Thursday, April 26, 2012

New from Criterion: THE ORGANIZER (1963)


Directed by Mario Monicelli.  Written by Age-Scarpelli (Agenore Incrocci, Furio Scarpelli) and Mario Monicelli.  Cast: Marcello Mastroianni, Renato Salvatori, Annie Girardot, Gabriella Giorgelli, Folco Lulli, Bernard Blier, Francois Perier, Vittorio Sanipoli, Mario Pisu, Kenneth Kove, Giampiero Albertini. (Unrated, 130 mins).

Famed Italian director Mario Monicelli (BIG DEAL ON MADONNA STREET) was never identified with the Neorealist movement but was occasionally on the periphery, usually as a script contributor on films like THE CHILDREN ARE WATCHING US and BITTER RICE.  But Neorealism's influences can be seen in THE ORGANIZER, released this week in beautiful DVD and Blu-ray editions by Criterion.

THE ORGANIZER (Italian title: I COMPAGNI, or The Comrades) wears its socialist politics on its sleeve with the story of a late 1800s strike at a Turin textile factory.  The workers, worn down by 14-hour work days with one 30-minute lunch, revolt when an aging, exhausted worker loses his hand in a machine accident.  Uneducated and with a good number of them illiterate, their initial attempts at dealing with management--first with the glad-handing, manipulative supervisor (Vittorio Sanipoli) who keeps trying to convince them that he's on their side and he's "one of them," and then with the openly condescending manager (Mario Pisu)--get them nowhere.  But one day, a grubby-looking stranger calling himself Professor Sinigaglia (Marcello Mastroianni) arrives in town and immediately latches himself to their cause.  But who is Sinigaglia?  He has a friend in schoolteacher Mr. DiMeo (Francois Perier), and may be on the run from police in Genoa. He may even be a con artist.  But he's a natural, charismatic leader, and he inspires the factory workers to stand up for themselves and helps them put together a strike from the planning stages to implementation. Their demands?  A 13-hour work day with a one-hour lunch break, and accident insurance  But the factory management, and the old, angry owner Mr. Luigi (Kenneth Kove) aren't about to play ball.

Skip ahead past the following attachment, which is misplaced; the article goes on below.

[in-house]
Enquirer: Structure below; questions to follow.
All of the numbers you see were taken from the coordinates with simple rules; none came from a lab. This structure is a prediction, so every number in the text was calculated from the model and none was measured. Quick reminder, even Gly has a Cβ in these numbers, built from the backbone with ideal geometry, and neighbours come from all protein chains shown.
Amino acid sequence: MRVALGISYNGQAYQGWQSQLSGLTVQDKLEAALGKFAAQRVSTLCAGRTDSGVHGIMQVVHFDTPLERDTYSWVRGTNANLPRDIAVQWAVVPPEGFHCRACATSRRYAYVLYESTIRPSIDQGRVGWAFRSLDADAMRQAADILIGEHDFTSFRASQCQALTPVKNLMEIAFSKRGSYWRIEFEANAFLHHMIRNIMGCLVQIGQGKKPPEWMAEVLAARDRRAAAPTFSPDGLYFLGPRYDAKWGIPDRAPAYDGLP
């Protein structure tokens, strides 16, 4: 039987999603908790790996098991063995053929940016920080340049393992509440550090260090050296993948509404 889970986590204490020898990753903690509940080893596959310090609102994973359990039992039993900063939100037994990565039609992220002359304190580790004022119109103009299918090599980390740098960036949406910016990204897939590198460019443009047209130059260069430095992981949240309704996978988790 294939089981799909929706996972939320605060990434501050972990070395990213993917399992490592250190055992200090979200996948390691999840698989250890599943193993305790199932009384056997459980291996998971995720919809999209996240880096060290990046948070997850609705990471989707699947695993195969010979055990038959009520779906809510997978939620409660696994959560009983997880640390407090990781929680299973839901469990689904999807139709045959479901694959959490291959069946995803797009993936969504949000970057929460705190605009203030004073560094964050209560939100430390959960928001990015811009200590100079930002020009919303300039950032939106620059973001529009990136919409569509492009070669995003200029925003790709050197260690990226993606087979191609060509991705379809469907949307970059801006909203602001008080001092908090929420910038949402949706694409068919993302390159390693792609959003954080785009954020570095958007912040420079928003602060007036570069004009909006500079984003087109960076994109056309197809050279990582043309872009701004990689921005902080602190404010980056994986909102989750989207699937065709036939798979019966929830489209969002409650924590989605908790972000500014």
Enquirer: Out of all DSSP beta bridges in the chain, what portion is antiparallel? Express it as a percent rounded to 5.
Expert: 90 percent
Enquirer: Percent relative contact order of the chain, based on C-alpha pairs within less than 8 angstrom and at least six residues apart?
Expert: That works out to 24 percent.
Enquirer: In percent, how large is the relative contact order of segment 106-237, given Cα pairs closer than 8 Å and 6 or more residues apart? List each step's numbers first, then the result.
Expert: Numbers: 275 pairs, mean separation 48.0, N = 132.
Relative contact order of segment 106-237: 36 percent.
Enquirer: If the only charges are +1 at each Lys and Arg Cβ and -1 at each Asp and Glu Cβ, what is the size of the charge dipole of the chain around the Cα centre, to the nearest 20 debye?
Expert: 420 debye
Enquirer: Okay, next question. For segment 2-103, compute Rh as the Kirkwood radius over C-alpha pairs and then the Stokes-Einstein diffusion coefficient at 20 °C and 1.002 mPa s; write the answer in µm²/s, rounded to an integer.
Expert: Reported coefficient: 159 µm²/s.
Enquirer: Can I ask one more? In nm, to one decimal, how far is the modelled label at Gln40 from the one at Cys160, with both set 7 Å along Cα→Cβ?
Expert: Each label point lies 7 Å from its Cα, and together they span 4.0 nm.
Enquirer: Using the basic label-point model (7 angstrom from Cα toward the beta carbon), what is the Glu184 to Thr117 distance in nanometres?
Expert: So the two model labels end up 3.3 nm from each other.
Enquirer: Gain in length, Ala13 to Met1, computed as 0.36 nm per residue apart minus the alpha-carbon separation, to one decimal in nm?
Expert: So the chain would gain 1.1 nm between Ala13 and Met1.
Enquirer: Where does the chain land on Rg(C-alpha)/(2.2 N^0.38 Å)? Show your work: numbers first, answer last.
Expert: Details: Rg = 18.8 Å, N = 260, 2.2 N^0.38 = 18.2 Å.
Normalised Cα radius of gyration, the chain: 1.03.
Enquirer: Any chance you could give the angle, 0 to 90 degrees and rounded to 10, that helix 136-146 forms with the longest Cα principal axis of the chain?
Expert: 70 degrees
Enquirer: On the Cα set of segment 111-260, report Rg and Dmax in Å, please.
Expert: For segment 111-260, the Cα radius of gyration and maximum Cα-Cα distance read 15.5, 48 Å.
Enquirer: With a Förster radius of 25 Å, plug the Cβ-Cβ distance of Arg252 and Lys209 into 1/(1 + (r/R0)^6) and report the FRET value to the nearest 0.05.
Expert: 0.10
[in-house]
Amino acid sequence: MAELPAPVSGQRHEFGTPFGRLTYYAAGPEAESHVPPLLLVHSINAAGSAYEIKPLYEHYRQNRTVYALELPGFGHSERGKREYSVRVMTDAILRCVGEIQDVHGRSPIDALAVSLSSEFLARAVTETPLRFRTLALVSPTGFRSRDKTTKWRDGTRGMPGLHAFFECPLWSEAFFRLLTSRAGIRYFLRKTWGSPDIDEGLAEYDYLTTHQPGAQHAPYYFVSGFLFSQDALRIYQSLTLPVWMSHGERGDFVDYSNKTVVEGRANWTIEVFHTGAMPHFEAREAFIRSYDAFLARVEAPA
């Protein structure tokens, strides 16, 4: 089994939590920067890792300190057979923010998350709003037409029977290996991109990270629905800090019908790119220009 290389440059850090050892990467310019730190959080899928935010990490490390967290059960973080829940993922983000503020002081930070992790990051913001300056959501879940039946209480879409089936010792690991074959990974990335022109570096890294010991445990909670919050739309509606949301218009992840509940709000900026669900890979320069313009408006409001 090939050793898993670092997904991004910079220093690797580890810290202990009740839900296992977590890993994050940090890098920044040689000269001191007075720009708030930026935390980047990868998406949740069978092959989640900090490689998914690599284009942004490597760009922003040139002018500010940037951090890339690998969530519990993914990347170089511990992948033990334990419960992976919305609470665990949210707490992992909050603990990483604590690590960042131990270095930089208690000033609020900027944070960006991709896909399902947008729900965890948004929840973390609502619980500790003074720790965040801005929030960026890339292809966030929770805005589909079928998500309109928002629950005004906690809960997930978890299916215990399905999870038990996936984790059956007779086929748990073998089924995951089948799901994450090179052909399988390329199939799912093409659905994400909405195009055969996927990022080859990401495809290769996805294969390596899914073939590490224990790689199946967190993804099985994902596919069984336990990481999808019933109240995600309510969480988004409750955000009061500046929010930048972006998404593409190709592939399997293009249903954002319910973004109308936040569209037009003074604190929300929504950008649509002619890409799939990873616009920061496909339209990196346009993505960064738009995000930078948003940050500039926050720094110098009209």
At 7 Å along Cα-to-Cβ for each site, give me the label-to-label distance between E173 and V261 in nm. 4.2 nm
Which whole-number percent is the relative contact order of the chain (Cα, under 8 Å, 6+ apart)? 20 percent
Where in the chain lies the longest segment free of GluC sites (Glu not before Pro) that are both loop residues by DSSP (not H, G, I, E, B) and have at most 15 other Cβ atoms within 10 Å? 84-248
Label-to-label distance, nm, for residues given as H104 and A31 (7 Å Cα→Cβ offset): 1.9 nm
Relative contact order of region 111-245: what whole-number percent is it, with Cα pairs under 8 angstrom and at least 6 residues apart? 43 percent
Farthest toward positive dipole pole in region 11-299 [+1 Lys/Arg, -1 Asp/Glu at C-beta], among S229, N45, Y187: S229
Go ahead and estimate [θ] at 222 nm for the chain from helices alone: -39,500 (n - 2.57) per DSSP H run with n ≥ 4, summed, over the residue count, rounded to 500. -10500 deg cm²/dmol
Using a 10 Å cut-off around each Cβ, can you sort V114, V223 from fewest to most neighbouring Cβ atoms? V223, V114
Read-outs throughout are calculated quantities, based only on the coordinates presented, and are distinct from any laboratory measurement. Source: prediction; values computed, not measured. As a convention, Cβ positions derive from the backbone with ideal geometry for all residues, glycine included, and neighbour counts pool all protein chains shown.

While the subject matter is serious and the finale a grim, powerful gutpunch, complete with a brilliant final shot that's cynical and heartbreaking, Monicelli and co-writers Age-Scarpelli (the name used by the writing team of Agenore Incrocci and Furio Scarpelli) spend a lot of time with these characters, allowing us to know them and their backstories (Mastroianni doesn't appear until 30 minutes into the film) and this establishes a feeling of warmth and familiarity with the workers.  And there's a lot of humor as well.  It's often very funny but never slapsticky, and the filmmakers do a magnificent job of balancing the humor with the serious drama in a way that feels natural and compassionate and never stoops to screaming "Message!"  The script got a Best Original Screenplay Oscar nomination after the film's 1964 US release, losing to the Cary Grant film FATHER GOOSE.  Giuseppe Rotunno's black & white cinematography makes for a stunning HD presentation in 1.85:1.  Extras include a booklet with a short essay by longtime Village Voice critic J. Hoberman and a 2006 introduction by Monicelli, who committed suicide in 2010 at 95 years of age by jumping from the window of his room at a hospital where was being treated for prostate cancer. 

Criterion have done their usual masterful job with this acclaimed-in-its-day but now somewhat forgotten film whose rediscovery in the US seems perfectly timed with today's economic and political concerns.  Highly recommended.

One-sheet for the film's 1964 US release

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